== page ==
Aim then for a pot that is around 80% the size of the widest point in the canopy of the tree. 

You can also refer to the table earlier in this post to measure the size of your tree and the number of drainage holes your tree should have. 

Remove your bonsai from its existing pot 

Next up, remove the bonsai tree from its existing pot. 

Go around the edges of the pot your bonsai tree is currently in with a root hook. 

This should loosen up some of the topsoil and make it easy to pull out your tree. 

remove a bonsai from it's pot

Remove the soil using a root hook 

Next up, we need to access the roots of your bonsai however there will likely be a lot of soil surrounding it. 

If this is the case, use the root hook to remove some of the excess soil.

remove the soil

Cut any excess roots  

Now remove and cut any excess roots that your tree has.

Reducing both some of the larger roots as well as the smaller feeder roots. 

Your bonsai should then be ready for its new pot. 

Trim the roots trim the feeder roots

Prepare your drainage holes 

The next step is to prepare the drainage holes in the new bonsai pot.

To do this, cover the holes of your bonsai pot in drainage mesh – this will prevent soil from falling out. 

top view of what the drainage mesh should look like

Then attach a 2mm wire and apply a loop to hold the mesh in place. 

Easternleaf has a brilliant video on this you can check out here

Add wire to secure the tree

Before you place your bonsai in the new pot, it is important to add wire to secure the tree in place. 

add wire to the tree

Use copper or aluminum wire and loop this through the bottom drainage holes and mesh of your pot. 

Add a base layer of potting soil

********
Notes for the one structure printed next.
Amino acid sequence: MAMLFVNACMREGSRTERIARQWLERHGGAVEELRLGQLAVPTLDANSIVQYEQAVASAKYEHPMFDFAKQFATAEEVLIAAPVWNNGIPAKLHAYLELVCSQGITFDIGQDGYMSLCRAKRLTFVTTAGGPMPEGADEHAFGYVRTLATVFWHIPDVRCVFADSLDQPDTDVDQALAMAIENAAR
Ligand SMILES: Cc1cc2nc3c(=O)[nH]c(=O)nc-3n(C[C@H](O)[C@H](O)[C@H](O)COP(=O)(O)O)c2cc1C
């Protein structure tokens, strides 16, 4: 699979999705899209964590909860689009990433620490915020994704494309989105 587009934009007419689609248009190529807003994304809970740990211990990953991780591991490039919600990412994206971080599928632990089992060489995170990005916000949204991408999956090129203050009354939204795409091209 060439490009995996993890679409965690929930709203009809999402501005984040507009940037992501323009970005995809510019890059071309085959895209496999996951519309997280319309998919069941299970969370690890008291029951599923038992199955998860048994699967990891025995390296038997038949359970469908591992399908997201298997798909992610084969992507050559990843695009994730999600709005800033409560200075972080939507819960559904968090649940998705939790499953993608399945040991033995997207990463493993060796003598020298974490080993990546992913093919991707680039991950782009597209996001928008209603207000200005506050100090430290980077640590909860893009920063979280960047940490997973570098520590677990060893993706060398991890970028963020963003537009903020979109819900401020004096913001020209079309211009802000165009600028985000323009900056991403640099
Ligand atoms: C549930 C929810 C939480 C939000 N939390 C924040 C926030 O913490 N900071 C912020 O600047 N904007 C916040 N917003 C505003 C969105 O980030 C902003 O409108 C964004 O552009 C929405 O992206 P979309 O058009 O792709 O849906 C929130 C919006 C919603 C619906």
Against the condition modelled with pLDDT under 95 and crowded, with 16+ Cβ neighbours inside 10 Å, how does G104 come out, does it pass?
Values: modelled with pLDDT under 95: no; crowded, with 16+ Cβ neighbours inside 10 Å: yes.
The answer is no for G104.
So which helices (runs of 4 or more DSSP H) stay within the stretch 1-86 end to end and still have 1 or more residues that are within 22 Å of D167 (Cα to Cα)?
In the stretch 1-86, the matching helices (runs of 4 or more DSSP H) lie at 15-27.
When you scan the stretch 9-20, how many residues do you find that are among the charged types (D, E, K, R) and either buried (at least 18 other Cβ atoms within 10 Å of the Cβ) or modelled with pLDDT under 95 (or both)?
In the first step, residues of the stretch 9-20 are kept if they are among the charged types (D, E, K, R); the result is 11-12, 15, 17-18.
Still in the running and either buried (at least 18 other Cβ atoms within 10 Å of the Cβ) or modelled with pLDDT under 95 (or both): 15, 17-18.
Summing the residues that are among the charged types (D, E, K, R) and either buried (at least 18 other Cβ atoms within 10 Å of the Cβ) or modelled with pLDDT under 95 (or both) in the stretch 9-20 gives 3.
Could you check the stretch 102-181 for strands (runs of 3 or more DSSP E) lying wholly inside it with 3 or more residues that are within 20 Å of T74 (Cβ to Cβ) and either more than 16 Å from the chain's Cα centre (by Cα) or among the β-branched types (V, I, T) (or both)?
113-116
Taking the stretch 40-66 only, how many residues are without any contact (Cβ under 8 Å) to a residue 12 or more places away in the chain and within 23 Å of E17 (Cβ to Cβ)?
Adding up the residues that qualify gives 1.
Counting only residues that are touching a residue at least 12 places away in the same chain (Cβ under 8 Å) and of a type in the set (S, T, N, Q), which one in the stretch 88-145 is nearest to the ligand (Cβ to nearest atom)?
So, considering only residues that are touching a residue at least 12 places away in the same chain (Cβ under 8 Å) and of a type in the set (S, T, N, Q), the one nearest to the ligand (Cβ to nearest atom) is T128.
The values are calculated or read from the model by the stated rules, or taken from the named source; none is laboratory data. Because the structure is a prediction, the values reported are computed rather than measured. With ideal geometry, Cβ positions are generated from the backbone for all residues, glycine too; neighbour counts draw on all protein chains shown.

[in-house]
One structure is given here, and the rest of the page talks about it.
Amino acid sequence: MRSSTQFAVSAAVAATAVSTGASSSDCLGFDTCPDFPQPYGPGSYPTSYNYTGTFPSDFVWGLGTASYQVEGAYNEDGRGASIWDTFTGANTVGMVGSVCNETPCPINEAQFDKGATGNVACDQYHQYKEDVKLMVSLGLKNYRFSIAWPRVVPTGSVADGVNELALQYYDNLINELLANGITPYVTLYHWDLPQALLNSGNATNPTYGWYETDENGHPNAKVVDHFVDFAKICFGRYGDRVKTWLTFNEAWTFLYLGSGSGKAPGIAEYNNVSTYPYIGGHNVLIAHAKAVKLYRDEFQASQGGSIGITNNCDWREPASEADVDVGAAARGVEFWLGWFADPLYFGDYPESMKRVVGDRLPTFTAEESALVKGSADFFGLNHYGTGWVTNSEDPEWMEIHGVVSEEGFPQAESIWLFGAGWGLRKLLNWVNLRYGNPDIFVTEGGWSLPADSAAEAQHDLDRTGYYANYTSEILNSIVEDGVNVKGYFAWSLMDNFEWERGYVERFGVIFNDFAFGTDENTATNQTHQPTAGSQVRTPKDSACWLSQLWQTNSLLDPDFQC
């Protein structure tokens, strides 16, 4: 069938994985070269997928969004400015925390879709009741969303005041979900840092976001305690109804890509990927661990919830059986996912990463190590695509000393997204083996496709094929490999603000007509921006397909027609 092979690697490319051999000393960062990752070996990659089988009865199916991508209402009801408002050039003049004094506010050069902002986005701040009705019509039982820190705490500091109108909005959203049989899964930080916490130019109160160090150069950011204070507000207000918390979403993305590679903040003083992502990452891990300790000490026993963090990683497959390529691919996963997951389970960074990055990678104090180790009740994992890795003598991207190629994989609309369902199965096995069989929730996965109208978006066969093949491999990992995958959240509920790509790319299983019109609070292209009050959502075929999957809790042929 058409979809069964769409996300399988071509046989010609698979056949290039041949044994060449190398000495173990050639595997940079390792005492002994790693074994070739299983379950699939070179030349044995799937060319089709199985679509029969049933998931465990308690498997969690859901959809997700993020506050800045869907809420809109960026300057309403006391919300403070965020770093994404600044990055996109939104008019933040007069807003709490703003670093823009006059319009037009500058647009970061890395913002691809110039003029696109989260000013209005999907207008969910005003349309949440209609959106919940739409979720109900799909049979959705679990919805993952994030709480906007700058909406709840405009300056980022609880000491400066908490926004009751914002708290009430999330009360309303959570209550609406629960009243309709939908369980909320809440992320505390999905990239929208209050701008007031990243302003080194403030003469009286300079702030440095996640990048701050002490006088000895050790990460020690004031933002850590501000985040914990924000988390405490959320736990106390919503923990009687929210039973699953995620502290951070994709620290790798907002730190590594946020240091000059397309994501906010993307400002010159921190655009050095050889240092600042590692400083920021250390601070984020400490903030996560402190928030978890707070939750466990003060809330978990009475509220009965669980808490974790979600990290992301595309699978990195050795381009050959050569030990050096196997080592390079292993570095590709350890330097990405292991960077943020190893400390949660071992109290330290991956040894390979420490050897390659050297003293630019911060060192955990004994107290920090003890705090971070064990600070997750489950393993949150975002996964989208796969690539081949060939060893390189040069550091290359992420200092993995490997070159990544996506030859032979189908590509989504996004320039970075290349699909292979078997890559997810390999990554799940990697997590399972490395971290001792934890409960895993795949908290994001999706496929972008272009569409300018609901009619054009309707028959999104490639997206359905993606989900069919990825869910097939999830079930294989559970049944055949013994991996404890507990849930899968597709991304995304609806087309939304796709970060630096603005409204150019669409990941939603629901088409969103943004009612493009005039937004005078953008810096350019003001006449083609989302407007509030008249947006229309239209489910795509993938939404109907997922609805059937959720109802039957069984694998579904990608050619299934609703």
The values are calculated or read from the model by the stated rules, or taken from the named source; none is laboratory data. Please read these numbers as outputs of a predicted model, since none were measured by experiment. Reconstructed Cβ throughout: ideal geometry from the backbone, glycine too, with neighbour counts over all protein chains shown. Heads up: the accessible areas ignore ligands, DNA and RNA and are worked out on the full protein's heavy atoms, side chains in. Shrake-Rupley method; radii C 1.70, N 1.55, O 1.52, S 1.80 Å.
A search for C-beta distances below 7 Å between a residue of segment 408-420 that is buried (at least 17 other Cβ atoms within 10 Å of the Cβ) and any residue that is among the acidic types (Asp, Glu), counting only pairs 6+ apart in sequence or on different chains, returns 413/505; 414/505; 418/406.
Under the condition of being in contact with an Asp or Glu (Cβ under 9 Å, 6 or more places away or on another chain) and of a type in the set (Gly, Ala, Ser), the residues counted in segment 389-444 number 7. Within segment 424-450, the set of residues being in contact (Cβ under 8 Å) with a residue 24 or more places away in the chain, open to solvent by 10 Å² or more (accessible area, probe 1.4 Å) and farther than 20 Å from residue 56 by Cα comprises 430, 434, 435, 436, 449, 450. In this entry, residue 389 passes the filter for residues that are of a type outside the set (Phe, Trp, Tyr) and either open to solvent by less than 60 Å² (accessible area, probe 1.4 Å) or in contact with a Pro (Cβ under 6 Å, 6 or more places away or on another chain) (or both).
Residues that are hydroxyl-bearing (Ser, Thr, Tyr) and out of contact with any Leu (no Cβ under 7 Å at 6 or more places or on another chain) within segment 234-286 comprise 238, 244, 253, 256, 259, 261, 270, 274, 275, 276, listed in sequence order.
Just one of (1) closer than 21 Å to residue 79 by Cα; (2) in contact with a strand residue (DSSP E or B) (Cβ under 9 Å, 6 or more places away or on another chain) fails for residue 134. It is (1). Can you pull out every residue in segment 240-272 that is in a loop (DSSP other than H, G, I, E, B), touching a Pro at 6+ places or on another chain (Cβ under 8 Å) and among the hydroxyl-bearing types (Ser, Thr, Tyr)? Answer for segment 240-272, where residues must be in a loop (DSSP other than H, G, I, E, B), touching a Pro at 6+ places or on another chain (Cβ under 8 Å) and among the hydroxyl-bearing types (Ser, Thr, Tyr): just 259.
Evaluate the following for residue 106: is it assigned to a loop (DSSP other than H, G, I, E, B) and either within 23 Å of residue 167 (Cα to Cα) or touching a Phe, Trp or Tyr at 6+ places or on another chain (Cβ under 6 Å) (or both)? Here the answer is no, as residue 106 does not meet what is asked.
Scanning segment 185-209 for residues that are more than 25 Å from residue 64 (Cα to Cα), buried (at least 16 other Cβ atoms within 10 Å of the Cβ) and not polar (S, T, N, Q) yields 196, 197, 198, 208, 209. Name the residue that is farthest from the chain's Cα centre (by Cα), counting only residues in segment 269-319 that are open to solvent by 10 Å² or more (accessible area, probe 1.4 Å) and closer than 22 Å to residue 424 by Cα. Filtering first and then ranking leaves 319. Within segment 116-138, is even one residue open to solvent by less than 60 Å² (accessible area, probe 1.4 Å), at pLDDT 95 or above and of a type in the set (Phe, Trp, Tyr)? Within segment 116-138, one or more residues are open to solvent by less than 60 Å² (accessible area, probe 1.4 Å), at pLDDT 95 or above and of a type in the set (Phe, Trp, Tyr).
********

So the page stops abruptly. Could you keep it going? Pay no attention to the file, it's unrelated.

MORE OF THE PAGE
Now your pot is prepared, add a dusting of the potting soil mix we talked about earlier on to your pot. 

add soil to the new pot

Place your tree in the pot at a front-facing angle 

Then simply place your bonsai tree in the pot at the most aesthetically pleasing angle. 

Using the sopper wire secure this tree in place, so it does not move 

place your bonsai in a front facing angle

Finish by adding potting soil 

Finally, finish up repotting your olive bonsai tree by adding the remainder of the potting soil. 

Ensure that there are no gaps in the soil or air bubbles that can cause your tree to dry out

Master the aftercare process

Finally similar to planting a cutting/seedling, it is important to master the aftercare process of regular watering, fertilizing, and placement of your new olive bonsai tree. 

Again an entirely different topic unto itself so definitely check out my post on it here.

Alternatively, I’ll touch on these requirements later in the post.  

Move your olive tree into the right environment

We touched upon this earlier on but once you have successfully repotted your bonsai tree, or successfully started the growing process from a cutting/seedling, you must move your olive bonsai tree into position. 

One of the biggest benefits of olive bonsai is they are incredibly versatile and do well both in indoor and outdoor conditions. 

As such they should be placed either indoors, near a window where they can get plenty of direct sunlight (up to 8 hours per day during the summer), or outdoors in the bright spot in your garden. 

As olive trees naturally grow in Mediterranean warm climates this would be the best conditions for them. 

I would also recommend during the winter to keep these trees in a cold spot in your house, such as a garage, to prevent them from getting cold-related injuries. 

These plants naturally thrive in hardiness zones 8-10 according to the USDA so keep that in mind depending on where you live. 

Develop the trunk of the olive bonsai

Once your tree has been repotted the training process can begin. 

Training a bonsai will transform your regular-looking bonsai into a more visually pleasing style. 

If however, you are happy with the way your tree looks you can leave your tree as it is.